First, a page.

Facebook chief executive Mark Zuckerberg had to defend his plans to launch a digital coin called Libra to the US Congress in October, after it faced a torrent of criticism from all sides — including governments who see it as a threat to their monetary sovereignty.
“I don’t think Libra will succeed,” Huang Qifan, vice director of the CCIEE, an economic think-tank that advises Beijing, said this week in remarks widely reported by state media.
“It is better... to have sovereign digital currencies issued by a government or a central bank,” he said.
Last year China released a damning report on existing digital currencies, saying they were “increasingly used as a tool in criminal activities.”
But while Beijing banned cryptocurrencies two years ago, it is fast-tracking preparations for its own state-run virtual currency, which is supposed to facilitate transactions and reduce costs.
The anonymity of cryptocurrencies allows users to buy and sell freely without leaving a digital trail — but China’s mooted e-cash system will be tightly regulated, experts say, and run by the People’s Bank of China.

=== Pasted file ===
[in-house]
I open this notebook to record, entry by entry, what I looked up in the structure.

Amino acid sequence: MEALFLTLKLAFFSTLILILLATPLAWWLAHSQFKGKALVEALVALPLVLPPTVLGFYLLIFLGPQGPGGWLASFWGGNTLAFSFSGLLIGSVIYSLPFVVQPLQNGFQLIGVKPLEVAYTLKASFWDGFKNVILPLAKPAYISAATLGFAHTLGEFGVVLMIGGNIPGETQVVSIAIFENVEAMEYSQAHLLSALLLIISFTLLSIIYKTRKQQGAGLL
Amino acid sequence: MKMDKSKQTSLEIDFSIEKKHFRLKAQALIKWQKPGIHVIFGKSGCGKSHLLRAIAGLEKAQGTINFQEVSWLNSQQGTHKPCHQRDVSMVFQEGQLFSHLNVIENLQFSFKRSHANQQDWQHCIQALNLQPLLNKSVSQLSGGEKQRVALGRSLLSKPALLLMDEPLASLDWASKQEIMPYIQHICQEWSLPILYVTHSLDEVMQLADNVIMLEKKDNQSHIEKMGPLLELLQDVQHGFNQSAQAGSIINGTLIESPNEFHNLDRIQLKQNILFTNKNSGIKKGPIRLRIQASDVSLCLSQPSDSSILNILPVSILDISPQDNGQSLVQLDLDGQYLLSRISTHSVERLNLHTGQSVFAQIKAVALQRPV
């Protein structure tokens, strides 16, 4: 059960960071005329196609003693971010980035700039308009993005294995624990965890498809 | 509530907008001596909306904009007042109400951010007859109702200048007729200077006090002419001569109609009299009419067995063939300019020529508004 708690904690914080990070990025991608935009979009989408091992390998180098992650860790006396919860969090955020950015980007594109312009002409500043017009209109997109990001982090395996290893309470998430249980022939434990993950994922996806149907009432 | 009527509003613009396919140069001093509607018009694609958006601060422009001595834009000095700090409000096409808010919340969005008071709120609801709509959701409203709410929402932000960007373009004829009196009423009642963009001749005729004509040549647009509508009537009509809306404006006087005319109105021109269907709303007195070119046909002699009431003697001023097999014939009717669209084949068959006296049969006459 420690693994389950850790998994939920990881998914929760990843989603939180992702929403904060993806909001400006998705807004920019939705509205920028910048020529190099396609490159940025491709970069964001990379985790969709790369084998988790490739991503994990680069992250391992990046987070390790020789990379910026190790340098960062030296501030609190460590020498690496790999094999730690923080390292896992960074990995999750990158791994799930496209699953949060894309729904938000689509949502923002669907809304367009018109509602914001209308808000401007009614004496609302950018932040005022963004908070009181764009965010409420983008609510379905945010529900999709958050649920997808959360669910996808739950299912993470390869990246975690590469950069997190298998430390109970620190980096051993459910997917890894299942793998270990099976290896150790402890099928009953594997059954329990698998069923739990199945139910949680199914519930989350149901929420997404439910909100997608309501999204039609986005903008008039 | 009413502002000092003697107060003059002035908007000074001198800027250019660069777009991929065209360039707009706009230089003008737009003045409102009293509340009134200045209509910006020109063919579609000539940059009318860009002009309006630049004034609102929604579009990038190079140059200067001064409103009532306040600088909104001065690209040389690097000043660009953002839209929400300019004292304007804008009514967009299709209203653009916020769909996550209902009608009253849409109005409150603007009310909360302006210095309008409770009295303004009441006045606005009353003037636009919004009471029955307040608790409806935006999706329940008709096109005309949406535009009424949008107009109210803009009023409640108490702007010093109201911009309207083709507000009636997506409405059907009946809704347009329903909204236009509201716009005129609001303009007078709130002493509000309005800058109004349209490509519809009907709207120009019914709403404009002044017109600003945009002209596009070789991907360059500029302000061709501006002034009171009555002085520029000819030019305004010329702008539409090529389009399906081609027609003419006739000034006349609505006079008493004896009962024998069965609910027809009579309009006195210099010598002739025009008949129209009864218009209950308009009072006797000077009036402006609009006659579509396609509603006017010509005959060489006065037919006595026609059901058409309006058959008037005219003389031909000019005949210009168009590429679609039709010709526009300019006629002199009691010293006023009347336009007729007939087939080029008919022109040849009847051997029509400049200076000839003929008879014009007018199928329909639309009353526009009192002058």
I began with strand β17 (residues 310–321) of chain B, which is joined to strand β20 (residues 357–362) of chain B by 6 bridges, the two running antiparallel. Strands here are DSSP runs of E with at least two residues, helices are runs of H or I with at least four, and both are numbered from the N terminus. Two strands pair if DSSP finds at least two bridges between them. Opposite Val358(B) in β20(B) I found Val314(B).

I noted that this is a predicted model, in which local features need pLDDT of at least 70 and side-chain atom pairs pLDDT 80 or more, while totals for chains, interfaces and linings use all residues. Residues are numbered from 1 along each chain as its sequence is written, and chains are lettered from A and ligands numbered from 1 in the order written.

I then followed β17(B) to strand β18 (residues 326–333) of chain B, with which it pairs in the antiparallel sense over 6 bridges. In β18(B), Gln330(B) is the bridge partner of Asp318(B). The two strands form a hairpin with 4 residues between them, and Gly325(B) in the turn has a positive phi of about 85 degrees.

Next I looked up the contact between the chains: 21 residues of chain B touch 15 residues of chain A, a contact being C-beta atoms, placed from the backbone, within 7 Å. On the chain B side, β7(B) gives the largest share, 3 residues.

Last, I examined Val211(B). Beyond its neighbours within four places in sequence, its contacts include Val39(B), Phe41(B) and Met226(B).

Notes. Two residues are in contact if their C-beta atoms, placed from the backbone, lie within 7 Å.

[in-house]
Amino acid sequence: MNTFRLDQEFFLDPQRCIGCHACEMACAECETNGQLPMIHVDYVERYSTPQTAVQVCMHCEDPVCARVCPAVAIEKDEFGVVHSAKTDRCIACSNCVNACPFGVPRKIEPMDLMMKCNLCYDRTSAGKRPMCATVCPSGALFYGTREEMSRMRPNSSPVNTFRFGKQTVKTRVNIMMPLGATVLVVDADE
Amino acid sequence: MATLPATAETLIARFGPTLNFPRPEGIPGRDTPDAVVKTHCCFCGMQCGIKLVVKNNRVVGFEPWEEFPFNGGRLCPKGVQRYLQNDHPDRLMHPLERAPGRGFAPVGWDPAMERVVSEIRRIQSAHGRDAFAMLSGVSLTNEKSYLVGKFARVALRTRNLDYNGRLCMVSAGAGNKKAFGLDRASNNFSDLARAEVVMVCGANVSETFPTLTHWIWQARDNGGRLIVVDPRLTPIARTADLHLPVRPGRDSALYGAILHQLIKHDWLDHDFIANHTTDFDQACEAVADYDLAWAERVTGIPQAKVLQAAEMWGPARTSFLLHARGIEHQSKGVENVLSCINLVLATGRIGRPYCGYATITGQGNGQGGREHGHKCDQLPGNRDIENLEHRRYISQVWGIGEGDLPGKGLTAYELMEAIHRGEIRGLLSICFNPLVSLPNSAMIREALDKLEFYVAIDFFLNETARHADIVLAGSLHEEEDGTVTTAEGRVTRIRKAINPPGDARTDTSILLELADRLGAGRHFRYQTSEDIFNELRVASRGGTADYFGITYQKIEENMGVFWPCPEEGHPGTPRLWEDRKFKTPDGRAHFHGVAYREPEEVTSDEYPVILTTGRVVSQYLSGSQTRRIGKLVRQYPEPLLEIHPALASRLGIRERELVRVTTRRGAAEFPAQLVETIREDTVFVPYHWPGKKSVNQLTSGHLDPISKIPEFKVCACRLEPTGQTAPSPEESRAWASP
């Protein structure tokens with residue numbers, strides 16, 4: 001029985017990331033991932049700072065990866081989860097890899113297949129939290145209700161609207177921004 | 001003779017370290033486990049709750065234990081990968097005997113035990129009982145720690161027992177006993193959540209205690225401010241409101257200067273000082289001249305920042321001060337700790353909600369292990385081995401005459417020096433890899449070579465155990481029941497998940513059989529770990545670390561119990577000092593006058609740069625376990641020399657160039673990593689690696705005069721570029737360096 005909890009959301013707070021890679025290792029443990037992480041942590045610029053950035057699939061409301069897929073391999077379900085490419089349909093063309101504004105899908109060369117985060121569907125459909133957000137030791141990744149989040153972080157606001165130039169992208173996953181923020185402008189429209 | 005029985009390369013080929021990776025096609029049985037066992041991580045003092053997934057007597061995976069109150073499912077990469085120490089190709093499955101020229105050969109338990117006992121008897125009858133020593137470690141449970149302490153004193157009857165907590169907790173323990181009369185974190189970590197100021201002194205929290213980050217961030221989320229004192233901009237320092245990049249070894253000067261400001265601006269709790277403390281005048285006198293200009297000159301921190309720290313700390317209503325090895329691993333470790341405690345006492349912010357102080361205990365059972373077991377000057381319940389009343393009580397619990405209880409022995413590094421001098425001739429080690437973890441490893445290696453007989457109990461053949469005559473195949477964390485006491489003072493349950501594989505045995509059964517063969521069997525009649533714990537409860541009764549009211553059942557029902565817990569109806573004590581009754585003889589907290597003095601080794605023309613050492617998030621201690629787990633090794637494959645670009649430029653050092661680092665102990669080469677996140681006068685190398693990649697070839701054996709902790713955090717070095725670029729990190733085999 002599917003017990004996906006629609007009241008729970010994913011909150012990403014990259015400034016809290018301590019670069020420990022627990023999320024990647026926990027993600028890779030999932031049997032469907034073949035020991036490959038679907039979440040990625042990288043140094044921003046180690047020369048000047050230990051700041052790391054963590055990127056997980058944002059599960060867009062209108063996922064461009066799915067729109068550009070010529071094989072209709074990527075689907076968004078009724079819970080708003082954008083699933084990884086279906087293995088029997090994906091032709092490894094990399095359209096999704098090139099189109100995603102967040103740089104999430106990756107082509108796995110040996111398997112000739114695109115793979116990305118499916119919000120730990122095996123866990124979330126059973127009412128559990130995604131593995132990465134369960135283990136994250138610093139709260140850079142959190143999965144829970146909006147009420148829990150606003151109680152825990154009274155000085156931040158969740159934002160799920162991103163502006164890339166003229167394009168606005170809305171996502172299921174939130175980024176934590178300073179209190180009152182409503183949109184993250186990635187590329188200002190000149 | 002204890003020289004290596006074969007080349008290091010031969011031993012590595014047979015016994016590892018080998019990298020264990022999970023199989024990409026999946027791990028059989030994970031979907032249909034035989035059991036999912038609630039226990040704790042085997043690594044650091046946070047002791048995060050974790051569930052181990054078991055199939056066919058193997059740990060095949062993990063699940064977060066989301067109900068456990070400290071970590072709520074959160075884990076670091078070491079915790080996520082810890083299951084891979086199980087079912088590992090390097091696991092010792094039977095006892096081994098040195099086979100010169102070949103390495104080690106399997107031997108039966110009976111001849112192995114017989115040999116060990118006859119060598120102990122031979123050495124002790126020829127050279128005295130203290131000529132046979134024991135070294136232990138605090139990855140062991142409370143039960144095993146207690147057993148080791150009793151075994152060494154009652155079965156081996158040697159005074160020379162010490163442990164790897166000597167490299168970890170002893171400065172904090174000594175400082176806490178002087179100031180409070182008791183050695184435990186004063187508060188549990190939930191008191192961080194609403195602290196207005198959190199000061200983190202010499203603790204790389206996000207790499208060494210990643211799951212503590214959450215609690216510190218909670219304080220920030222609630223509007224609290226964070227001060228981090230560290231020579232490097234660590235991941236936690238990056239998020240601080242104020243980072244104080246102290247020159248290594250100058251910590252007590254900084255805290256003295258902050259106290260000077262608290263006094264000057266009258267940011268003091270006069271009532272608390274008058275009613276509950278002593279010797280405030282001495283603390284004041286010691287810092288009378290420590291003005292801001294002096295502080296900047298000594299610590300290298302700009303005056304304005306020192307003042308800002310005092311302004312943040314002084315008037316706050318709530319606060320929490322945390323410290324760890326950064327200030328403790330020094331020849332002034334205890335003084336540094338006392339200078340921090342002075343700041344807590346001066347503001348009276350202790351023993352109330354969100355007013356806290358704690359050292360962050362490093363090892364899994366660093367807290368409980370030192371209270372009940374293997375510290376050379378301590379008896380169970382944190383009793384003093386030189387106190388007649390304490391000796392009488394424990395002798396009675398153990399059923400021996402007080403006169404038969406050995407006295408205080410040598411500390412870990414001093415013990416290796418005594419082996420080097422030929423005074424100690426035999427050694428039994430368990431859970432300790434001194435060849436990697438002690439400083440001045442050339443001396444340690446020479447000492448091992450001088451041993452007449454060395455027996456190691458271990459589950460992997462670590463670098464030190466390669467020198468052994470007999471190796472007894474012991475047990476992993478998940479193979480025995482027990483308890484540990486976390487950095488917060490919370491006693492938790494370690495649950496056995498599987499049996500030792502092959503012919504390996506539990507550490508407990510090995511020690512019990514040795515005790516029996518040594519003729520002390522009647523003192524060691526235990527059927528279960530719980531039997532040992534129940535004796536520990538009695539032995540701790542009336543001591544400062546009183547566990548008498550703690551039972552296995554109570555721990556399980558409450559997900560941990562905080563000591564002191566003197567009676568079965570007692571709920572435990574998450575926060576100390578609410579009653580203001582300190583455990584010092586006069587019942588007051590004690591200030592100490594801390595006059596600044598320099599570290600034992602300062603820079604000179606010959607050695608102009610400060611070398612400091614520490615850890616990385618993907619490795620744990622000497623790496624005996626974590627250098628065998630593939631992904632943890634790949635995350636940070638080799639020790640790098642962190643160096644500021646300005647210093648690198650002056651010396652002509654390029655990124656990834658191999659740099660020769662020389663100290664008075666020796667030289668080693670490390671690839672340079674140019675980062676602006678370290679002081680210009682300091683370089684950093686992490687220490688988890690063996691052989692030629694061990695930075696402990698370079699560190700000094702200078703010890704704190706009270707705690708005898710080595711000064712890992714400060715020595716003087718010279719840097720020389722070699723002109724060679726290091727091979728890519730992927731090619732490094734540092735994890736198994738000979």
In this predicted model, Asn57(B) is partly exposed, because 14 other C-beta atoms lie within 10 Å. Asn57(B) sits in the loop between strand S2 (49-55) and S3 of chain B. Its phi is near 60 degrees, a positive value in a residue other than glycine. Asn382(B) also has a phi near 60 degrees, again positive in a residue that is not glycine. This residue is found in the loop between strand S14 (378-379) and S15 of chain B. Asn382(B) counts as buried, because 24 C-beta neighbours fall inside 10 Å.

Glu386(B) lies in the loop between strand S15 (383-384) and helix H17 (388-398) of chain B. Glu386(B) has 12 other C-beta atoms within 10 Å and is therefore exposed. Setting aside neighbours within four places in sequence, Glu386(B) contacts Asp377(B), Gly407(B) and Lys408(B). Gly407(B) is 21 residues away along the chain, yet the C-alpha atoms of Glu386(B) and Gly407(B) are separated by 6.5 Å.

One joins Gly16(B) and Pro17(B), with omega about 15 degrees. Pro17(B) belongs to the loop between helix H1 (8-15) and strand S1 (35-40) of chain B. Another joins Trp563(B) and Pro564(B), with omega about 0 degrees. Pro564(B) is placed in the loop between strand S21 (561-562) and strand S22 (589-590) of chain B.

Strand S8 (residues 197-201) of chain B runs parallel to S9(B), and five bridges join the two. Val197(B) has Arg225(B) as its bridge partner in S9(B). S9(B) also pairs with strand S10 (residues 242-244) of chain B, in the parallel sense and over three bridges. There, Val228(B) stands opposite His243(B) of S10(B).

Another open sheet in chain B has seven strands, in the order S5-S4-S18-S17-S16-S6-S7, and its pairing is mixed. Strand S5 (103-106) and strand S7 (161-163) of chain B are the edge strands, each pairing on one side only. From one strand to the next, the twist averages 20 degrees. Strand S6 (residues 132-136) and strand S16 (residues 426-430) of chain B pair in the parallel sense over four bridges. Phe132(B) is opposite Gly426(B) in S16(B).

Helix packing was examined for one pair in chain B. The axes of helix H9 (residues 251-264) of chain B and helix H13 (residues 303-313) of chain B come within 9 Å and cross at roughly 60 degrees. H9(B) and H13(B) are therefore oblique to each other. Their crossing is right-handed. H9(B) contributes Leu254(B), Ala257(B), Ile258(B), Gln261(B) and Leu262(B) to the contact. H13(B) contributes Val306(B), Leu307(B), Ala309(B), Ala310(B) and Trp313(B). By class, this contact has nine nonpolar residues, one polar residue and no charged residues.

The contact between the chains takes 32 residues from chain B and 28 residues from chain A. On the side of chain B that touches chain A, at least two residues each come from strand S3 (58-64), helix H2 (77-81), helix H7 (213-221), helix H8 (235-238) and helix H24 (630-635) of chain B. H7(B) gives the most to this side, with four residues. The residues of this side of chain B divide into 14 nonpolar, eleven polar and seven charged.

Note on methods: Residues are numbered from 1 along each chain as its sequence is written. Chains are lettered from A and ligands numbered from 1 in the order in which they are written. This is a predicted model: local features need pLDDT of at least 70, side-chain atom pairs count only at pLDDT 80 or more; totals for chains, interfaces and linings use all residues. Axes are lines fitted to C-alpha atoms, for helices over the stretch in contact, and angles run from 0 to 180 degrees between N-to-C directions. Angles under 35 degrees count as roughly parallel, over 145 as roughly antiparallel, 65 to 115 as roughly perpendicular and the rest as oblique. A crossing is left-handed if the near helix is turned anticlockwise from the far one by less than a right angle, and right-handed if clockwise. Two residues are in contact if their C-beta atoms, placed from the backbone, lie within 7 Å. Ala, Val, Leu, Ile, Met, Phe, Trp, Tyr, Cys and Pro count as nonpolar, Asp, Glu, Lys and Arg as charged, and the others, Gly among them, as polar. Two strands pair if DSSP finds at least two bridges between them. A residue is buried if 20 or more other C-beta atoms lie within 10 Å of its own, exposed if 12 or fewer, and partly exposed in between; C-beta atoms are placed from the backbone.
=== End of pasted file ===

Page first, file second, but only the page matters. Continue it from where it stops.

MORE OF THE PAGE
Sweden bans Huawei, ZTE from upcoming 5G networks

Updated 17 min 48 sec ago

Sweden bans Huawei, ZTE from upcoming 5G networks

  • European governments have been reviewing the role of Chinese companies in building their networks
  • Sweden’s security service called China ‘one of the biggest threats against Sweden’
STOCKHOLM: Swedish regulators on Tuesday banned the use of telecom equipment from China’s Huawei and ZTE in its 5G network ahead of the spectrum auction scheduled for next month.
The Swedish Post and Telecom Authority (PTS) said auctions the setting of the license conditions followed assessments by the Swedish Armed Forces and security service.
European governments have been reviewing the role of Chinese companies in building their networks following pressure from the United States, which says they pose a security threat because, among other concerns, Chinese companies and citizens must by law aid the state in intelligence gathering.